Though past and present board members didn't see the need for a change, several minorities who testified did.
"Diversity is not a bad word, and I think representation means everything," Myra Gomez, of Elkridge, said. "The school board members are doing a good job, but when a child looks up, he needs to see someone who looks like him."
Gomez did not support any particular solution, but others proposed structures they felt would better promote diversity.
Representatives from the African American Coalition of Howard County and the Howard County chapter of the NAACP supported election by district, which they said creates a better opportunity for both cultural and geographical diversity.
Del. Frank Turner, the only non-white member of the Howard County delegation, supported a hybrid board with two appointed members and five or more elected members.
"There needs to be a voice from the minority community that can speak up on certain issues," he said. "If we do nothing, we'll find ourselves back here four years from now having the same discussion, and I do not want that to happen."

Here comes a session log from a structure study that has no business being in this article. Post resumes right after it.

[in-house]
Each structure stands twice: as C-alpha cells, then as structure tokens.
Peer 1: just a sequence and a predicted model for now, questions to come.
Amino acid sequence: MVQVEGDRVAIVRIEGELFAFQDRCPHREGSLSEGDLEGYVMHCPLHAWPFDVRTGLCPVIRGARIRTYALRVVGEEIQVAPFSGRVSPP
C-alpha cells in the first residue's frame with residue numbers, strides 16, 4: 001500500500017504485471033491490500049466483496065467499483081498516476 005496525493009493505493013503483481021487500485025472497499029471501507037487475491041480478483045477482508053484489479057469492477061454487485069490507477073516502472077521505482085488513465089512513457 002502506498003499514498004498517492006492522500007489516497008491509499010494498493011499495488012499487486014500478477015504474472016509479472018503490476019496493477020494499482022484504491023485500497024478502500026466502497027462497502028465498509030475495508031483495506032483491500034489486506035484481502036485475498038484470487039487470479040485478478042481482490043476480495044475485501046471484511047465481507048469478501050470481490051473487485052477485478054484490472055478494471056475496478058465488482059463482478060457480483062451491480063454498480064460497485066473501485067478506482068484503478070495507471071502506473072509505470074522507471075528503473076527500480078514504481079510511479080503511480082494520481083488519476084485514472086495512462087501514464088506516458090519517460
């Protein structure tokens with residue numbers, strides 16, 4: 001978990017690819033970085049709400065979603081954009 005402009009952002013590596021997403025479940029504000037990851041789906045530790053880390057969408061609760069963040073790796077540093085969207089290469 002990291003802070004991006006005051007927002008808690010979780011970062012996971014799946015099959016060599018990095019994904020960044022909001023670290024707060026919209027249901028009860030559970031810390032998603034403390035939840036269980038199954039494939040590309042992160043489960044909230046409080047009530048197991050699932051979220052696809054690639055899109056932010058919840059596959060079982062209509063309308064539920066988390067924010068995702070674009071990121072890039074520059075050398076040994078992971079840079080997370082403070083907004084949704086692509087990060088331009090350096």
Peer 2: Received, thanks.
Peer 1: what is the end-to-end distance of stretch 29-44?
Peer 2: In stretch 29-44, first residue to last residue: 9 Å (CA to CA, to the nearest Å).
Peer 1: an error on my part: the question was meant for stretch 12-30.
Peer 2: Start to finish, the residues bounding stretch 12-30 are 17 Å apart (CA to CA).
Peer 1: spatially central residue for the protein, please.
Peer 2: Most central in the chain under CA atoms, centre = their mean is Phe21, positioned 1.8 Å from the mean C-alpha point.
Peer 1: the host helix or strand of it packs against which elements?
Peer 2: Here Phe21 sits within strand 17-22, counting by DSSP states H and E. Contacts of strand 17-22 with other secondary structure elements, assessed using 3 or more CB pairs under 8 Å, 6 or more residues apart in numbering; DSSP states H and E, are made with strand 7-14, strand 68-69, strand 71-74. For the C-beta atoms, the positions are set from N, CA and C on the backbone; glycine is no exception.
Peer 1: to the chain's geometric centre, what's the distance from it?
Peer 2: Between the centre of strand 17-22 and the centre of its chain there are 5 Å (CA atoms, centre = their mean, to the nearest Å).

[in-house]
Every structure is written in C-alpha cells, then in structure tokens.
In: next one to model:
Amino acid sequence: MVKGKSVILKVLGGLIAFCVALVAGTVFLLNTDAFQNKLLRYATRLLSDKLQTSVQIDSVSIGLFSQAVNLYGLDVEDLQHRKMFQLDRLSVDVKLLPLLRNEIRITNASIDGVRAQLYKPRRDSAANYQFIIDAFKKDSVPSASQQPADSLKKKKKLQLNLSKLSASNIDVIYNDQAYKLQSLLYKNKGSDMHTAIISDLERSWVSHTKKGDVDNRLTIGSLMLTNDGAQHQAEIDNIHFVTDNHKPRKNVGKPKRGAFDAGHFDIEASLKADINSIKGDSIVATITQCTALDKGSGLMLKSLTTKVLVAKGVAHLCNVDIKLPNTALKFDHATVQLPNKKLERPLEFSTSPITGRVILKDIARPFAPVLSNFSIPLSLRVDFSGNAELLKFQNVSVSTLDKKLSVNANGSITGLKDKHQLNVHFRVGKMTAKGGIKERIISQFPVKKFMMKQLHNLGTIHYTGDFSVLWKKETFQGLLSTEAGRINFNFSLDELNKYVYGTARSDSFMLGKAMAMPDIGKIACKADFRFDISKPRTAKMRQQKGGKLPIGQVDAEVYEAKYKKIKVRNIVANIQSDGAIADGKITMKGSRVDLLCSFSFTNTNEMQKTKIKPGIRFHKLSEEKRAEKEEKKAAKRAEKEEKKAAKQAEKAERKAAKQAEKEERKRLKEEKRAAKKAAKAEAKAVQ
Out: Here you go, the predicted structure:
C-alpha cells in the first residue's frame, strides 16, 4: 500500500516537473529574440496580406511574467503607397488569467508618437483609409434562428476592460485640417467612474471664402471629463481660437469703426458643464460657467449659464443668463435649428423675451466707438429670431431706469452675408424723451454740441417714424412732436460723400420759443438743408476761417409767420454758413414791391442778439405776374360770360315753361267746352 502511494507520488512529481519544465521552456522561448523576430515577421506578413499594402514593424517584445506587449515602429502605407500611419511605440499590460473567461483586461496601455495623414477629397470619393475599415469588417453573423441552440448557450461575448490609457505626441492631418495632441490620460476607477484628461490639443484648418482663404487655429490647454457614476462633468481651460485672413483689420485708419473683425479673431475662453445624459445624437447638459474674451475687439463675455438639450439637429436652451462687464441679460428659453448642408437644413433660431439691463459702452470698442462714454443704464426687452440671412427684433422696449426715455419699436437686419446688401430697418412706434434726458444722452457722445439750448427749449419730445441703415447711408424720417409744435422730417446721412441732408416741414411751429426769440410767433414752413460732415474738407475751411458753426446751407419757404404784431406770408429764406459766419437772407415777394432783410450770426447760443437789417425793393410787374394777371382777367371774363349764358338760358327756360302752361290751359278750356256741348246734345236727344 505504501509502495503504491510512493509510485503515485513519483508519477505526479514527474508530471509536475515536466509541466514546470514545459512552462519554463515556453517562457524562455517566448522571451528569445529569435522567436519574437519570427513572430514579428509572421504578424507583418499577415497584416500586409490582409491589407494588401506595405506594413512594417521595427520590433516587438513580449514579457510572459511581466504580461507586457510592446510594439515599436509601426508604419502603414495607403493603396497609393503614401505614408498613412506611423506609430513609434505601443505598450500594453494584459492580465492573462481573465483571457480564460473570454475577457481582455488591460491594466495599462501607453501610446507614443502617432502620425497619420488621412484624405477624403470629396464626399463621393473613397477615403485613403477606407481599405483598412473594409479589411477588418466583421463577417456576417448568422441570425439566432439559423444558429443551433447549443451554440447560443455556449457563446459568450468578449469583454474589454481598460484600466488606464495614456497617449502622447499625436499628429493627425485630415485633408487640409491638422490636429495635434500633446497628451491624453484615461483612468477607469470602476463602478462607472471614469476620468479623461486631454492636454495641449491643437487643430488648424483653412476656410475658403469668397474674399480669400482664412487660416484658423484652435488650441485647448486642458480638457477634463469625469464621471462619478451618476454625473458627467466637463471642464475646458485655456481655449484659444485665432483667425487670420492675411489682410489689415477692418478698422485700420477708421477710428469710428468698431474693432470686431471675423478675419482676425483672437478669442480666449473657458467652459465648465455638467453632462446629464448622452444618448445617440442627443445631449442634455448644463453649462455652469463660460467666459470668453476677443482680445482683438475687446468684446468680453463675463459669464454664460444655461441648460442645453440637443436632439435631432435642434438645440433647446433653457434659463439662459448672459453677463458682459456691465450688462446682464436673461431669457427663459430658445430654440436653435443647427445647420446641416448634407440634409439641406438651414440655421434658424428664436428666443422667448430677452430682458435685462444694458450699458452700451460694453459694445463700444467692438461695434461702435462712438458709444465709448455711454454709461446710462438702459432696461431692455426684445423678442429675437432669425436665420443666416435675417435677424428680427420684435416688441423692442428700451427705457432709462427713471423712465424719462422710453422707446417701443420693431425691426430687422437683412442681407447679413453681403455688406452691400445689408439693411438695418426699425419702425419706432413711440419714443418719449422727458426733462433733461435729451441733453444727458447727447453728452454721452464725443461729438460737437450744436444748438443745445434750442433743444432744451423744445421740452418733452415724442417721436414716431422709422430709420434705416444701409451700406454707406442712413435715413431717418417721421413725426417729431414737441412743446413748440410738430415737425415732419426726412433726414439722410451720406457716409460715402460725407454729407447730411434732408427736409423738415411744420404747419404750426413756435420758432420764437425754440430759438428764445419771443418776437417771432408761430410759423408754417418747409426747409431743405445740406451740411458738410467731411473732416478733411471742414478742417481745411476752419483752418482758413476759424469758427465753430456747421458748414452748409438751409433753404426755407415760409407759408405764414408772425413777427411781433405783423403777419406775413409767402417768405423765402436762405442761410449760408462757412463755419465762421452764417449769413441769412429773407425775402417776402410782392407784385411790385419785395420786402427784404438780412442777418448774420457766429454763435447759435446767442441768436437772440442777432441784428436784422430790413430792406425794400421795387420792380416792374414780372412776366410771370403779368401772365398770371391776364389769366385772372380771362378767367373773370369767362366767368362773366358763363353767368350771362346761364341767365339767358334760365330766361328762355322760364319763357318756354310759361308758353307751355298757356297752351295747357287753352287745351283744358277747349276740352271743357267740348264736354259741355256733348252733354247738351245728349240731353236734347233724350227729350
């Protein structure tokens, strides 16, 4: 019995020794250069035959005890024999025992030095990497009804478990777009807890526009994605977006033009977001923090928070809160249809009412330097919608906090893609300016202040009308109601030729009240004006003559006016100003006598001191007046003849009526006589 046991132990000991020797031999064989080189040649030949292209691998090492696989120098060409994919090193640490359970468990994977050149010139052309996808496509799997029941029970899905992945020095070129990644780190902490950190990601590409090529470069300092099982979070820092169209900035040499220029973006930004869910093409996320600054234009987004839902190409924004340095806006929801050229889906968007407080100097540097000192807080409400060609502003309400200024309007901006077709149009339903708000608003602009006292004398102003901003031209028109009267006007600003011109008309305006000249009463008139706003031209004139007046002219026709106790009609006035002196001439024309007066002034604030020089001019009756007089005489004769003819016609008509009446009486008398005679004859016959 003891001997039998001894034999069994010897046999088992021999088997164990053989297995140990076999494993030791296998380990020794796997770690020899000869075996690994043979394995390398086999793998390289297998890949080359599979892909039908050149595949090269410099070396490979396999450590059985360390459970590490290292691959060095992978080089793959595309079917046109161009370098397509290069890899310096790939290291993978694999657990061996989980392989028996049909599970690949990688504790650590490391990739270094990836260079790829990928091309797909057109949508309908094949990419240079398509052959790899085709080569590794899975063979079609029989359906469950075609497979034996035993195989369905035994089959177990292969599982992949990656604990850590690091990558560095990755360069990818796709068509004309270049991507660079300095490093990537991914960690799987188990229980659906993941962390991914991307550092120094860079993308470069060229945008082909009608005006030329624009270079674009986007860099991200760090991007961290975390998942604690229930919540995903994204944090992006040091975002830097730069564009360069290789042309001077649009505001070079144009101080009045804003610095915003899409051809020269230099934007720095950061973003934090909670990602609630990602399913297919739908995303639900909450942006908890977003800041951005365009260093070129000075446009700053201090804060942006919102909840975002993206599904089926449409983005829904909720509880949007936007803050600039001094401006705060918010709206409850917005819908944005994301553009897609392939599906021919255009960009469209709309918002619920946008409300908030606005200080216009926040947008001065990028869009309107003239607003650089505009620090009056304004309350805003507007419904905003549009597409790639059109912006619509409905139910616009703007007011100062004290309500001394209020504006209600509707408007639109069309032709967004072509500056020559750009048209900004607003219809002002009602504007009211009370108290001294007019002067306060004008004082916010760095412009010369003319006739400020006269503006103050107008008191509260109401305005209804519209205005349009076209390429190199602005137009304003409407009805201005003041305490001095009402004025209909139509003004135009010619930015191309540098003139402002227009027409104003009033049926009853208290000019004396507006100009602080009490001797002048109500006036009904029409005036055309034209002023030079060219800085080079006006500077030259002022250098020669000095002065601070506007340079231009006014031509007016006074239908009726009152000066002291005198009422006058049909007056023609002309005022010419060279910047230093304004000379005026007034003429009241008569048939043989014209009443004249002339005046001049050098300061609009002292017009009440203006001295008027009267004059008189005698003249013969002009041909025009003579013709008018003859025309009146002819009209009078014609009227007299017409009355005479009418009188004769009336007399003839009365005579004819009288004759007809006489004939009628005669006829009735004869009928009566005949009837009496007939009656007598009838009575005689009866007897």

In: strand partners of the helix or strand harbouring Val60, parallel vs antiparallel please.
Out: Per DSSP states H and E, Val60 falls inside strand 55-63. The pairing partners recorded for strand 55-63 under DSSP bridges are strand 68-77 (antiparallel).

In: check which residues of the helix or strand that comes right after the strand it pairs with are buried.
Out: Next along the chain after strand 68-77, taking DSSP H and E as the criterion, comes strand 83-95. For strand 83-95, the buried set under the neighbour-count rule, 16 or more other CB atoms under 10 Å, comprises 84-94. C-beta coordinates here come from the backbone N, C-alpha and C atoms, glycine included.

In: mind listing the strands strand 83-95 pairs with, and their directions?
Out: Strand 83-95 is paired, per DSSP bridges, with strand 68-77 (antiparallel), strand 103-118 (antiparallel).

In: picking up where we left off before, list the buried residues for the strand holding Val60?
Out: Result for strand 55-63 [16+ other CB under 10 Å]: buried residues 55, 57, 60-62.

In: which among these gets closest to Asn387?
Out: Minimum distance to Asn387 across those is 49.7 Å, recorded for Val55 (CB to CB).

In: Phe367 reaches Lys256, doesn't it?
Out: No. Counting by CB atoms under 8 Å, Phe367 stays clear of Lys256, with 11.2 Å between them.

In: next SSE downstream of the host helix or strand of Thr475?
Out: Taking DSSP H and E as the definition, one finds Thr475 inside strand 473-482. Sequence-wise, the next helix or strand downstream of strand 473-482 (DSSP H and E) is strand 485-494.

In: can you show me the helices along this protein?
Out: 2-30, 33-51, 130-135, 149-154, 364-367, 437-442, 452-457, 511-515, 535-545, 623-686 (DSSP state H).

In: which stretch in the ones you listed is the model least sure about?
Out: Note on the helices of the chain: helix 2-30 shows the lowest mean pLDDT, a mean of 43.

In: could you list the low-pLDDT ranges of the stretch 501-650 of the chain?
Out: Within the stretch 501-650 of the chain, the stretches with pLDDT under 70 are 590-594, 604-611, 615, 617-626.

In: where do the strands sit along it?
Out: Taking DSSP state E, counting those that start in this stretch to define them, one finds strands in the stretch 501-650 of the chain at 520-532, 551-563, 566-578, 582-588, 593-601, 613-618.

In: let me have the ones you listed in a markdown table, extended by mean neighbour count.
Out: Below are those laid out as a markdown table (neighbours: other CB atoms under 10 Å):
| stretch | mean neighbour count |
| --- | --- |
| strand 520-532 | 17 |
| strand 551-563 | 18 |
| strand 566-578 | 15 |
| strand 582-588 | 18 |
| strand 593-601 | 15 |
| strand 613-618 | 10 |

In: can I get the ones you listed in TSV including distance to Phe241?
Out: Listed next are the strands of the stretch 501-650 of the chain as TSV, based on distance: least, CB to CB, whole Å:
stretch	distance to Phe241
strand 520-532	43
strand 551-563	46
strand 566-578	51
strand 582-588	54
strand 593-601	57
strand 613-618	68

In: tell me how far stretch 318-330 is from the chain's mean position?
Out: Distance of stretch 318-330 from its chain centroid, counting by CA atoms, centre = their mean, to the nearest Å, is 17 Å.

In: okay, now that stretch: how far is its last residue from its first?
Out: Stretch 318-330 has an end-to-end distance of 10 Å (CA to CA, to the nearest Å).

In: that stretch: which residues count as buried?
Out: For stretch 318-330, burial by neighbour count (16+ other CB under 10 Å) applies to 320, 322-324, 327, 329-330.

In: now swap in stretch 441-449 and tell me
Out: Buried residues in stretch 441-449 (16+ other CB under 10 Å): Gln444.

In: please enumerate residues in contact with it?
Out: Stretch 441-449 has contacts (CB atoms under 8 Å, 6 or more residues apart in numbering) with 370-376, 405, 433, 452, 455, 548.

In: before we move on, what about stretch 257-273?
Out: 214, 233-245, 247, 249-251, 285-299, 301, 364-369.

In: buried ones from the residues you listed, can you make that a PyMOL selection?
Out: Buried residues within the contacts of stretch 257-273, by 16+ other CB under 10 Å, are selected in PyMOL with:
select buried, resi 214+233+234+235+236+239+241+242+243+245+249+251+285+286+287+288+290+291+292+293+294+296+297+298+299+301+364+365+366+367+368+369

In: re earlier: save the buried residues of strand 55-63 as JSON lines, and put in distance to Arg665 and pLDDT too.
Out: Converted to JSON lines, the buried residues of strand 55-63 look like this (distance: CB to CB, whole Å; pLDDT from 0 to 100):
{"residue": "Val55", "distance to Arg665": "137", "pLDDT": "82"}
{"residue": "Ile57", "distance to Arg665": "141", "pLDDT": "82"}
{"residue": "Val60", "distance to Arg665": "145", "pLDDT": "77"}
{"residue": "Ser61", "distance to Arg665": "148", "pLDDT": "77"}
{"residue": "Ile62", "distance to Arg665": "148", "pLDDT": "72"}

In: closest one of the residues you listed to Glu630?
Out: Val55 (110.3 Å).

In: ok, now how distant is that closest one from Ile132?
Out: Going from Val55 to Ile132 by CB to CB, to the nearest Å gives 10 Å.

Ellicott City resident Larry Walker, who unsuccessfully ran for school board in 2010, also voiced support for a hybrid model, with two appointed members and others elected by district. He also supports limiting board members to no more than three consecutive four-year terms.
At its Sept. 8 meeting, the commission discussed the district and the hybrid models.
Electing board members by district, commission members said, would guarantee geographic diversity. But they also noted several disadvantages.
"You can have a Hispanic, an Asian and an African American, all of whom are really terrific, (running in the same district) and you can only elect one of them," member Kevin Doyle said.
Felicita Sola-Carter said districts would create more partisanship and would move the board away from "all-for-one-and-one-for-all" thinking.
"I still have an open mind on it, but I'm not sure the pros of districts outweigh the cons," she said.
A hybrid model with some appointed members is the only way to guarantee cultural diversity, the commission noted. But if they were to chose that model, members said they would want to define criteria for how appointed members are selected.
Lemle proposed ideas for improving the quality of the board that do not involve changing the board's structure. His suggestions included improving compensation, providing a stipend in cases of financial need, having the candidates names appear on the ballot in random order rather than alphabetically, and creating an internship for potential candidates.
But putting names on the ballot in random order would not work, said state Del. Guy Guzzone, an ex-officio commission member, because that involves changing a state law that would affect ballots in every Maryland jurisdiction.